1. Beware, Venerable Brethren, of **that growing abuse, in speech as in writing, of the name of God as though it were a meaningless label, to be affixed to any creation, more or less arbitrary, of human speculation. **Use your influence on the Faithful, that they refuse to yield to this aberration. Our God is the Personal God, supernatural, omnipotent, infinitely perfect, one in the Trinity of Persons, tri-personal in the unity of divine essence, the Creator of all existence. Lord, King and ultimate Consummator of the history of the world, who will not, and cannot, tolerate a rival God by His side.
  1. In your country, Venerable Brethren, voices are swelling into a chorus urging people to leave the Church, and among the leaders there is more than one whose official position is intended to create the impression that this infidelity to Christ the King constitutes a signal and meritorious act of loyalty to the modern State. Secret and open measures of intimidation, the threat of economic and civic disabilities, bear on the loyalty of certain classes of Catholic functionaries, a pressure which violates every human right and dignity. Our wholehearted paternal sympathy goes out to those who must pay so dearly for their loyalty to Christ and the Church; but directly the highest interests are at stake, with the alternative of spiritual loss, there is but one alternative left, that of heroism. If the oppressor offers one the Judas bargain of apostasy he can only, at the cost of every worldly sacrifice, answer with Our Lord: "Be gone, Satan!

Clearly, Article 9 was addressing Hitler’s claim to be doing the “Lord’s work.”

It would still be murder, since Hitler in 1910 was as innocent as anyone else.

The guy aiming a gun at a young child is not innocent - he is guilty of death threats, and killing him is an act of defense. It could be likened to killing Hitler in 1935, when his intentions were clear, but not to killing him in 1910.

But it’s not clear that this is even possible. It’s a bad idea to base ethical dilemmas on something that may be intrinsically nonsensical. It’s difficult enough to explain how God can know “future free choices” (yes, I know about and believe in timeless knowledge–the problem is how those choices can then still be free). It’s much less clear how one creature could ever know with certainty what the free choices of another creature would be. It’s also not clear that time travel into the past is possible.

But even granting the premise, it would still be morally wrong, because Hitler-of-1910 isn’t responsible for a later “Hitler’s” actions. The only way it would work is if you could prove that the Hitler of 1910 had already planned his later crimes. I’m still dubious about it, but at that point perhaps there could be some case.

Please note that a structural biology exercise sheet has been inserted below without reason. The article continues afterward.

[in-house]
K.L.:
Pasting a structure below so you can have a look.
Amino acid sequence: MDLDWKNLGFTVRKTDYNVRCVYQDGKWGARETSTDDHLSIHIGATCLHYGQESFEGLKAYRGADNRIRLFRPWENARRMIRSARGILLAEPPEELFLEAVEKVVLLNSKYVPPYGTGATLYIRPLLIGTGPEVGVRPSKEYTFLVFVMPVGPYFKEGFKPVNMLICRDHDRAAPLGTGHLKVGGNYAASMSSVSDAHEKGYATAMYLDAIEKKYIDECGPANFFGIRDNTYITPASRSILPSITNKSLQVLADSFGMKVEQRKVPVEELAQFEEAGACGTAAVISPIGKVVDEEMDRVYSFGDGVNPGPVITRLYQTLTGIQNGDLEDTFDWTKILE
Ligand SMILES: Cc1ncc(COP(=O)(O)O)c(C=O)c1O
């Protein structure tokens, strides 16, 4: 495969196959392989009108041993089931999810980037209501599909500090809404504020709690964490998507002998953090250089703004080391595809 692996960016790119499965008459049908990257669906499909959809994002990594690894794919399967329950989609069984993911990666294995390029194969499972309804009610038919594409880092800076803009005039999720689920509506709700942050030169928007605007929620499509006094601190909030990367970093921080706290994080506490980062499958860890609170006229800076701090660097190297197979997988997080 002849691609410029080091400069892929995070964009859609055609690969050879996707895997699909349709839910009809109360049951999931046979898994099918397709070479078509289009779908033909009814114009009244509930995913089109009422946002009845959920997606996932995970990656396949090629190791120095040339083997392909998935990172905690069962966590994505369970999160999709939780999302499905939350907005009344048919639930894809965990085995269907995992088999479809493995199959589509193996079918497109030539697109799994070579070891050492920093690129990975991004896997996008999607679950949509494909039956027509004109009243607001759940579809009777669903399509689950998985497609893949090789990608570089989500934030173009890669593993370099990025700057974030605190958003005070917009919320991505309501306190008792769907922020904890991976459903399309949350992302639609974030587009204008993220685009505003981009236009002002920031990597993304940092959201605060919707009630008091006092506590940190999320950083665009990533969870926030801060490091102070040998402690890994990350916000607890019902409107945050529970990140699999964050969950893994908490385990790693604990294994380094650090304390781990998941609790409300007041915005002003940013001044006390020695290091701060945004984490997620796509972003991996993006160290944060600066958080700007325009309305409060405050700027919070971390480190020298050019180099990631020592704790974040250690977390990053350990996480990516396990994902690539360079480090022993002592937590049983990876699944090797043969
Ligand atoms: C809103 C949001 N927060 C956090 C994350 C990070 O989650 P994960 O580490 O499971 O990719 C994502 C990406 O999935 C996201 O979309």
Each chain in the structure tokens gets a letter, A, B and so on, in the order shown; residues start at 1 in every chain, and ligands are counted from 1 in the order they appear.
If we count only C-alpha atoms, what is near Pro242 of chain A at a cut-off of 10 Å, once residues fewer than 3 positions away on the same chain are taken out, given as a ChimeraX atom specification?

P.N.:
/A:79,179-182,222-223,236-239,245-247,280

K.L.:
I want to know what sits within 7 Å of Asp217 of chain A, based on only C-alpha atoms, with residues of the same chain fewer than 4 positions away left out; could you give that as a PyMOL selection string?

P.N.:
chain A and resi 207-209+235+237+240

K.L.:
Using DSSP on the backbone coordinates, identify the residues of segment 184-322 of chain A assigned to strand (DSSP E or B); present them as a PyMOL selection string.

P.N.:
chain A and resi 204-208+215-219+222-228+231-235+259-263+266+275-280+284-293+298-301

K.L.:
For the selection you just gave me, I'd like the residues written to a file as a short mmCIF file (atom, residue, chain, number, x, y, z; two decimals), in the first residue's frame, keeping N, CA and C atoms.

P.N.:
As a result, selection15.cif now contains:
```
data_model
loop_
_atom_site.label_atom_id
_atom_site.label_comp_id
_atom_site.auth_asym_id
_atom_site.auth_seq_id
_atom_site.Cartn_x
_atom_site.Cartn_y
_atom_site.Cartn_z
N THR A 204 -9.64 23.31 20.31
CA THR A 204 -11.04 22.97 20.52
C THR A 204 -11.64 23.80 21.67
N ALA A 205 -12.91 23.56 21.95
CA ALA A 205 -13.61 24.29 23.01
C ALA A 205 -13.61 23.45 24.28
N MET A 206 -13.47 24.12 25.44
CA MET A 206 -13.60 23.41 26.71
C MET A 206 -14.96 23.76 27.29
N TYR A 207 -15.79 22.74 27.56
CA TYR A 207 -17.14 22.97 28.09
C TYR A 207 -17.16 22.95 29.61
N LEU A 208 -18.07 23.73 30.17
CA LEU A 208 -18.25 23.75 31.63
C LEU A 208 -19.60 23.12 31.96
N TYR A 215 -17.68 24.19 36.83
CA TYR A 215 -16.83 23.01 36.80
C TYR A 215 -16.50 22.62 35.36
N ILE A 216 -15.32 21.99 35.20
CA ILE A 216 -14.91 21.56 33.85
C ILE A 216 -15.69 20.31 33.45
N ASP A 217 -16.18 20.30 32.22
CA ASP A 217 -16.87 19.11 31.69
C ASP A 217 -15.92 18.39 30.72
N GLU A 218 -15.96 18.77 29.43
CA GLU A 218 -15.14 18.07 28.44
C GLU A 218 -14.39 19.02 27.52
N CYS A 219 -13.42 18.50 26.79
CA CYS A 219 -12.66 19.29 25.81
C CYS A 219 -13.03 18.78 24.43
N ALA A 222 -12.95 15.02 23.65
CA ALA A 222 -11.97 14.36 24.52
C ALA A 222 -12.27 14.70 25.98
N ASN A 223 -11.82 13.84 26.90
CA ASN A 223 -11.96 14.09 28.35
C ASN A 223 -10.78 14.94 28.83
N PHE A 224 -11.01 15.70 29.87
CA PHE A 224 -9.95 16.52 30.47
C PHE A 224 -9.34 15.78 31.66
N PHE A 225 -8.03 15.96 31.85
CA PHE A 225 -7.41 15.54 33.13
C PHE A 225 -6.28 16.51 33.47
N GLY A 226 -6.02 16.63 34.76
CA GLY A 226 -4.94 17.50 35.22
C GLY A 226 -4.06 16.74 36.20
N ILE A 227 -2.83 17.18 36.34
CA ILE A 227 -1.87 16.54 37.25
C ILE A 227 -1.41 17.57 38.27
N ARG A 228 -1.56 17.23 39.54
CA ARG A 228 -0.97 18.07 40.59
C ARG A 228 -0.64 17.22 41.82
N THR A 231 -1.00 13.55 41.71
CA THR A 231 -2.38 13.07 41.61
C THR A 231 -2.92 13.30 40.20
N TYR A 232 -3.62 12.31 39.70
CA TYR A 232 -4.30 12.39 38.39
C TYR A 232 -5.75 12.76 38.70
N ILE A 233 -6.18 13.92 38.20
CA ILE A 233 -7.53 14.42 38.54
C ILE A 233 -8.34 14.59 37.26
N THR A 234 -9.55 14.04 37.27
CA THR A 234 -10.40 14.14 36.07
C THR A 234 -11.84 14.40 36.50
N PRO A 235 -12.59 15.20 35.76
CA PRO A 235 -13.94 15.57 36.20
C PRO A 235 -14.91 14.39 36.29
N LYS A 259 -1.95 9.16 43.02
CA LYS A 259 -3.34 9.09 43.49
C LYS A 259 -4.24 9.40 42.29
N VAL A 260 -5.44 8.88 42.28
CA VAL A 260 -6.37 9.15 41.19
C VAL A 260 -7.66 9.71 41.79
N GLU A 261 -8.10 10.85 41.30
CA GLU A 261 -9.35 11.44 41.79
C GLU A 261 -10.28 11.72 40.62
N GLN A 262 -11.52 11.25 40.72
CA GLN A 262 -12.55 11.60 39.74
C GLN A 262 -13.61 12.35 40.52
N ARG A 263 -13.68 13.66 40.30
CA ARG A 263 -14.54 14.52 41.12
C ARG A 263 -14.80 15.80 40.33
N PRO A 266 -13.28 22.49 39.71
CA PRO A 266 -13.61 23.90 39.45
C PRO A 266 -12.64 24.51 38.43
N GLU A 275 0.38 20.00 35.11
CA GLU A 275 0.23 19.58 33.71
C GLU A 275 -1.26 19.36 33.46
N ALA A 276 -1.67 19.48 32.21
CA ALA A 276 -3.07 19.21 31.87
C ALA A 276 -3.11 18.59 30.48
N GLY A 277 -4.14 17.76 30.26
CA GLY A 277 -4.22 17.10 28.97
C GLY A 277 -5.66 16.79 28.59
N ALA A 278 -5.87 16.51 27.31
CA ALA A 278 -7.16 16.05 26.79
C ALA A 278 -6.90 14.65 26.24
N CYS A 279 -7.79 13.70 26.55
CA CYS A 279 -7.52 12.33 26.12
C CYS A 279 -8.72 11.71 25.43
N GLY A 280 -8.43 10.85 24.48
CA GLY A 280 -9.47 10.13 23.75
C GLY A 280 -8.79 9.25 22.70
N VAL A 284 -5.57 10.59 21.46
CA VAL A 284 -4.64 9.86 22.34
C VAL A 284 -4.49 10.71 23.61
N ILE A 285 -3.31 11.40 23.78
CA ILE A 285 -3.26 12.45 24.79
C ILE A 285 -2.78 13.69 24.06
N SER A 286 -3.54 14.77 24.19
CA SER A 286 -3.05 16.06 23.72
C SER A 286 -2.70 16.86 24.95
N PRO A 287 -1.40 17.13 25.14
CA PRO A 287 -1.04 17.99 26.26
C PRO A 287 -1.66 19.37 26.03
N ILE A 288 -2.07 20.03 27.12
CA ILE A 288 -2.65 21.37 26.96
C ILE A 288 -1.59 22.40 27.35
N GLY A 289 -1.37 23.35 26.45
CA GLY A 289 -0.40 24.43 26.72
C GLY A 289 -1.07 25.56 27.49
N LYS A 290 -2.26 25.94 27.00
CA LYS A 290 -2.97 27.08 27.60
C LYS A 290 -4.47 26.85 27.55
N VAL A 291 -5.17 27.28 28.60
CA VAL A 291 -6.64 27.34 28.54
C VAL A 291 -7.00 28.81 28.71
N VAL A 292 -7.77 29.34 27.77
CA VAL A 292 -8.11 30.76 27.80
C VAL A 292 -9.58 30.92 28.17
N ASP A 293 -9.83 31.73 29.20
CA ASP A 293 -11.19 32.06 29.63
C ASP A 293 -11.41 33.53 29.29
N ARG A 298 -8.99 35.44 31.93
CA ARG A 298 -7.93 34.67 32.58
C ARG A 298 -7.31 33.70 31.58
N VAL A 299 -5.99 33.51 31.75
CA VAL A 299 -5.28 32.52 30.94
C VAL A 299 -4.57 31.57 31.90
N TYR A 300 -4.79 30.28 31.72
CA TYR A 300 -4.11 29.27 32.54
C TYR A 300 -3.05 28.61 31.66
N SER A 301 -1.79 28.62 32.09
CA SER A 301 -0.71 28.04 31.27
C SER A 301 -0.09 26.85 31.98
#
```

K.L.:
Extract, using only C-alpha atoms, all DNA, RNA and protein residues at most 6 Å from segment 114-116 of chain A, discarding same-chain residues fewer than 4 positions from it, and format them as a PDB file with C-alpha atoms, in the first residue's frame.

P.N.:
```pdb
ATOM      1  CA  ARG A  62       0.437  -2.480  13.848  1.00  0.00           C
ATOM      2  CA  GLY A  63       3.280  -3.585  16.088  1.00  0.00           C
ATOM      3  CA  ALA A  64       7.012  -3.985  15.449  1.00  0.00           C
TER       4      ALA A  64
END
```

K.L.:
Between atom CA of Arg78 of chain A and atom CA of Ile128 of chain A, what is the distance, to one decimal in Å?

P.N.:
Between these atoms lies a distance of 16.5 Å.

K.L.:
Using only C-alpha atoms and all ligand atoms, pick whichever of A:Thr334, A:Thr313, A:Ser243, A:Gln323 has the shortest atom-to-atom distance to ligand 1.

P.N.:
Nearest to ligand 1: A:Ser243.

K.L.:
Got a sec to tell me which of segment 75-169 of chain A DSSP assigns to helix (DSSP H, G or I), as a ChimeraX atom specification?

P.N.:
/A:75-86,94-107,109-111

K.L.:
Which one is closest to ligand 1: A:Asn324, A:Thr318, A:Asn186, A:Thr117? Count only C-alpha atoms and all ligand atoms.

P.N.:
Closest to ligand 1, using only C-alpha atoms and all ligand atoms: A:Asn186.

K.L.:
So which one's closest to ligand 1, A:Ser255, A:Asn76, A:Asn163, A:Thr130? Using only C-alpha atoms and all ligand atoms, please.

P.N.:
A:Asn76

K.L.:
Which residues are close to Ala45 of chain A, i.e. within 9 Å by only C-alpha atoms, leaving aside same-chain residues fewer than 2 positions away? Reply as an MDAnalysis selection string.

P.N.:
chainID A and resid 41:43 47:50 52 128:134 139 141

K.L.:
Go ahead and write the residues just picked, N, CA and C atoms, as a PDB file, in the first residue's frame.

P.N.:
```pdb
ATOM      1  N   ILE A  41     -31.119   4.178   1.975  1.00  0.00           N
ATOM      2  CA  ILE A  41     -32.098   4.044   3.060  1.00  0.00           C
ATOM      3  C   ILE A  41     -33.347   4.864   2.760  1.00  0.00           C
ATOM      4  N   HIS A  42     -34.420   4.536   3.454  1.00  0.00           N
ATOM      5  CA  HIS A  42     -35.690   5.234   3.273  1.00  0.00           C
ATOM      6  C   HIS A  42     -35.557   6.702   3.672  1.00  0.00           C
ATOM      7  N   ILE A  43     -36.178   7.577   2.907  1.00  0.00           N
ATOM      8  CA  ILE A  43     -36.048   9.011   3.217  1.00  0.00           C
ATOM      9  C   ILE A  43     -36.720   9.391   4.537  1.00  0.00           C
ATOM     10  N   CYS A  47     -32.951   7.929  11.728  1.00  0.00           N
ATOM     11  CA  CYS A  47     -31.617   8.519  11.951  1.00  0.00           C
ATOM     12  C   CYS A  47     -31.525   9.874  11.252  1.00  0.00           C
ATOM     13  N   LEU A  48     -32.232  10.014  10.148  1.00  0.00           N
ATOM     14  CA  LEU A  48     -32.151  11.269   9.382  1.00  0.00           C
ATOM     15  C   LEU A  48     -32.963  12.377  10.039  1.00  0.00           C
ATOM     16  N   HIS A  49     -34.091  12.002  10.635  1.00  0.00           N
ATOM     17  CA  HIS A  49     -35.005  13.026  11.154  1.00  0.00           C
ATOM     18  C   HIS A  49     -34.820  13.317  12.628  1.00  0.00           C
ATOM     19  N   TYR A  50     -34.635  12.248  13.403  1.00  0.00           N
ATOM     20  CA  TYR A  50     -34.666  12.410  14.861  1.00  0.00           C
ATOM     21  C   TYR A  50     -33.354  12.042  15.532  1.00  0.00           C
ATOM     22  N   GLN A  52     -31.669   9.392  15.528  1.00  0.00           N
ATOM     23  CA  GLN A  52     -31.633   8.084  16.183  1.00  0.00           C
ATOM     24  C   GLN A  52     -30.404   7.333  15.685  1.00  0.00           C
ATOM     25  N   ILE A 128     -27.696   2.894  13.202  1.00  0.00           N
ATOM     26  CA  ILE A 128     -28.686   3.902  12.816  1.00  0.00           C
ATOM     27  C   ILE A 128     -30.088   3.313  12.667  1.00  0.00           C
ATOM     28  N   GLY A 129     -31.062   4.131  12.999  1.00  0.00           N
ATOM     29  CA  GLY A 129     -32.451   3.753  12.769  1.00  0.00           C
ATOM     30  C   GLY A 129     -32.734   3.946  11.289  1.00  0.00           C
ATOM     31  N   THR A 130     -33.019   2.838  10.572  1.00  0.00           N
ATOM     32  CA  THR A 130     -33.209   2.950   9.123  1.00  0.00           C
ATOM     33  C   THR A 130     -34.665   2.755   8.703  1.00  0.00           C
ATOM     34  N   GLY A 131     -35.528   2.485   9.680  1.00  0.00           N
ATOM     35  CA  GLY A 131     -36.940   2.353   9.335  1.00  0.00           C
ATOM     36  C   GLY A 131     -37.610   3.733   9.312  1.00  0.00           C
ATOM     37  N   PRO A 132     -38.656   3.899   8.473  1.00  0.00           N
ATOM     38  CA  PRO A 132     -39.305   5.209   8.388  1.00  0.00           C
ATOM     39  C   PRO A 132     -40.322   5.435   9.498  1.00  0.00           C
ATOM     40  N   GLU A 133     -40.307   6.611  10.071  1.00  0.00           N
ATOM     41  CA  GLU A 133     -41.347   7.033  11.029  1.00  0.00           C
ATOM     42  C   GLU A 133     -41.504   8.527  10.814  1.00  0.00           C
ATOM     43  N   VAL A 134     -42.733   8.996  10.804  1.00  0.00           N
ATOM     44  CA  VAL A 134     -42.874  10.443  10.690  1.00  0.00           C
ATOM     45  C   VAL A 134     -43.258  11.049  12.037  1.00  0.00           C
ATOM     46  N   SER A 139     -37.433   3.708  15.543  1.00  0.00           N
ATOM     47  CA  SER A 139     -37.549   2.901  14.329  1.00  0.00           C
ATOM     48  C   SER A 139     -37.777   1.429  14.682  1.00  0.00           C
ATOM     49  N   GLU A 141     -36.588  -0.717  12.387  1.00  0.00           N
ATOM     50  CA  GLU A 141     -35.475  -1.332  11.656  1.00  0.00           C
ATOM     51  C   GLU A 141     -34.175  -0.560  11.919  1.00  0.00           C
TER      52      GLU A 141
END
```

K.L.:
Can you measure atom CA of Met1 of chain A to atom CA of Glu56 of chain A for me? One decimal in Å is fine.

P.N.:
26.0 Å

Let’s put this in a starker form: what about killing the infant Hitler? What about aborting Hitler before he was ever born? I think that at this point it’s clear that such actions would be wicked.

The only really good episode of the shortlived Twilight Zone remake of the early 2000s concerned this issue (at least the only one I remember). A woman goes back in time to murder the infant Hitler, but in the end can’t do it and swaps him for another child instead. The implication, of course, is that the real “Adolf Hitler” wouldn’t have committed these crimes. (I believe the child was a gypsy child in the episode, which was in extremely bad taste, to put it mildly, given Hitler’s genocide against gypsies–but it was still a memorable episode in a generally unmemorable reboot of a great series!)

Edwin

If you shot hitler in 1910 you are in mortal Sin. If you shoot hitler in cold blood in 1945, you are in Mortal Sin. The Church is very specific about this. Killing is wrong.

Also we are catholic, we reject predestination as defined by Calvin. Every person, including Adolf Hitler, has the opportunity to repent. The SS Commander of Rome During WWII ended up converting to Catholicism in the late 1950s. there is always a door to repentance, right up until we breathe our last.

Very good point:thumbsup:

Does anyone else ever ponder what difference the premature death of Hitler would have made in the first place? The premature death of Hitler does not resolve all of the problems caused by WW1, it wouldn’t make the ludicrous reparations go away, it wouldn’t resolve the latent hostility that existed against Jews, nor would it have ended the struggle between communists and reactionaries and so on.